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C4.9: Electrochemistry with an Electron Beam – Local Metal Deposition in Ionic-Liquid and Molten-Salt Thin Films

Subproject Leader: Rolf Schuster

Contributing Scientists:

Present: Vadym Halka
Past: Matthias Schmid, Vasevolod Avrutskiy

 

Checkboard pattern of Ag particles (see inset) on a Si substrate
Checkboard pattern of Ag particles (see inset) on a Si substrate
Reaction mechanism of Ag deposition from molten AgNO3
Reaction mechanism of Ag deposition from molten AgNO3
µm-wide conducting lines, deposited on a glass substrate
µm-wide conducting lines, deposited on a glass substrate

Drawing with an Electron Beam

In subproject C4.9: "Electrochemistry with an electron beam – local metal deposition in ionic-liquid and molten-salt thin films" the electron beam of an SEM was used to fabricate metallic microstructures from molten salt films. The objective of the project is to tune the morphology of the deposits from isolated nanoparticles to compact metal deposits by variation of the irradiation parameters.

Motivation

The idea of metal particle generation from an electrolyte using free electrons is not new. In 1877 J. Gubkin [1] performed experiment with aqueous silver nitrate solutions, where he reduced the Ag ions by free electrons from a glow discharge, which led to the formation of Ag nanoparticles in the solution. Recently J. Janek, F. Endres and their coworkers [2] used ionic liquids (IL) as solvent for silver salts, which, due to the low vapor pressure of the IL, allowed better control of the glow-discharge. Here we use a focused electron beam for the local metal deposition from micrometer-thin electrolyte films.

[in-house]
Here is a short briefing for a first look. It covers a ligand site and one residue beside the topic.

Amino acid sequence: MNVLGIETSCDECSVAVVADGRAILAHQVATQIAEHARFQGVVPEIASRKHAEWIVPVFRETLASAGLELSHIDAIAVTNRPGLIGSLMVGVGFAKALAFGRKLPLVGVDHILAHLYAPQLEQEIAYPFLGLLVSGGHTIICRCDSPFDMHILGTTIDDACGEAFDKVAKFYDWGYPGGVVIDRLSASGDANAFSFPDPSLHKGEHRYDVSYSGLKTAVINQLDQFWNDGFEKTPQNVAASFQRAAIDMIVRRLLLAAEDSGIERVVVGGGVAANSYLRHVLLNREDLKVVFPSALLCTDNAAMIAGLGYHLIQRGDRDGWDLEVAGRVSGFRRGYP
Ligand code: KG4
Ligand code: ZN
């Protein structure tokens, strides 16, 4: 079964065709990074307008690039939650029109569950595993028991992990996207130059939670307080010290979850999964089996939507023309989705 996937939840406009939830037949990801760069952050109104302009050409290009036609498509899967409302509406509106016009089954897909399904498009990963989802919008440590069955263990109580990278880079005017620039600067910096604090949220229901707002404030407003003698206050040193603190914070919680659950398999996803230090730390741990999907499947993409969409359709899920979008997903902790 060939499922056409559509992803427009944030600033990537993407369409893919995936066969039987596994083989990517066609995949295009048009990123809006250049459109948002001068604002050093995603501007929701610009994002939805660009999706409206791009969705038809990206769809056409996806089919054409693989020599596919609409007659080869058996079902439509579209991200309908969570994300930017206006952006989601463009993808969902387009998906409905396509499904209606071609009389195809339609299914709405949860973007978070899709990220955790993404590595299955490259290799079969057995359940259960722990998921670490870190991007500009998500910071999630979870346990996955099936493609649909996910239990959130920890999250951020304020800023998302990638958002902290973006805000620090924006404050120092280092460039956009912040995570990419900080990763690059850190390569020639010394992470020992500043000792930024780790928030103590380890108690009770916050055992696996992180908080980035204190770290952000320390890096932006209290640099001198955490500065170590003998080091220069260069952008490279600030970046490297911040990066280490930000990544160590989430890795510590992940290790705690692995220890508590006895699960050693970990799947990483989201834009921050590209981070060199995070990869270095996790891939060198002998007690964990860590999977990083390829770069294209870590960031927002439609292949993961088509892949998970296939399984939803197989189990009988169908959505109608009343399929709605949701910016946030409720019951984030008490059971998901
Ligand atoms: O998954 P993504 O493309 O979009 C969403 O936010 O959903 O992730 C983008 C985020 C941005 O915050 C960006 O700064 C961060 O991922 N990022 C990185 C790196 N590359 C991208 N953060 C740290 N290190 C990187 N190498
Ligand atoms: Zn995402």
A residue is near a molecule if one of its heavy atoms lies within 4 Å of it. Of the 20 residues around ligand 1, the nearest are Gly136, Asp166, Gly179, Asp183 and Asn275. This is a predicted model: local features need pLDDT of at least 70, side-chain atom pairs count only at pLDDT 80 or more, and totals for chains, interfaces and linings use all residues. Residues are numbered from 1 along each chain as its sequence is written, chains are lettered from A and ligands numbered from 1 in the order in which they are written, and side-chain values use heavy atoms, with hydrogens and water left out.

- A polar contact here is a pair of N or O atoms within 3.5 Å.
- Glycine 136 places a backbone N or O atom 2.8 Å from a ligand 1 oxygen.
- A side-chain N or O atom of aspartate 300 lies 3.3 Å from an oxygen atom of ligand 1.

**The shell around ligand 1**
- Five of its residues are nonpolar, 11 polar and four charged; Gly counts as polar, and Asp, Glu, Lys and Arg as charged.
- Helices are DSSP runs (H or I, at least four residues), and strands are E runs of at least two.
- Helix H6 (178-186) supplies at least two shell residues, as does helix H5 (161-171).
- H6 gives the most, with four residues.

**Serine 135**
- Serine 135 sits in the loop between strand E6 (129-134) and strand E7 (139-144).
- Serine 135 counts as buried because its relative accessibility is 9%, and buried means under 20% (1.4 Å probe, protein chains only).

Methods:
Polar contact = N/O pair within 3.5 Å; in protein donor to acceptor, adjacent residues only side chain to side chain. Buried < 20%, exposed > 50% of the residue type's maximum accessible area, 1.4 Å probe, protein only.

Results

Due to the electric conductivity of the molten salt film, in the present case AgNO3, metallic patterns can be written onto conductive, semiconductive and nonconductive substrates [3]. The strong dependence of the morphology of deposits on the irradiation parameters reflects the importance of nucleation and growth processes. Because of the good wetting capability of the electrolyte film, thick, compact Ag structures can be grown. In the case of silver deposition from molten silver nitrate the reaction proceeds in three steps, i.e., (i) reduction of NO3 to NO2 by the incident e-beam, (ii) thermal decomposition of the formed AgNO2 into metallic Ag and NO2, and (iii) precipitation of Ag atoms/clusters from the electrolyte onto the surface.

References

[1]

J. Gubkin, Ann. Phys. Chem. N. F. 32, 114 (1887)

[2]

J. Janek, F. Endres et al., ChemPhysChem 8, 50 (2007)

[3]

V. Halka, M.J. Schmid, V. Avrutskiy, X. Ma, R. Schuster, Angewandte Chemie 50, 4692 (2011)

 

List of Publications 2006-2011 as PDF

Subproject Report 2006-2010 as PDF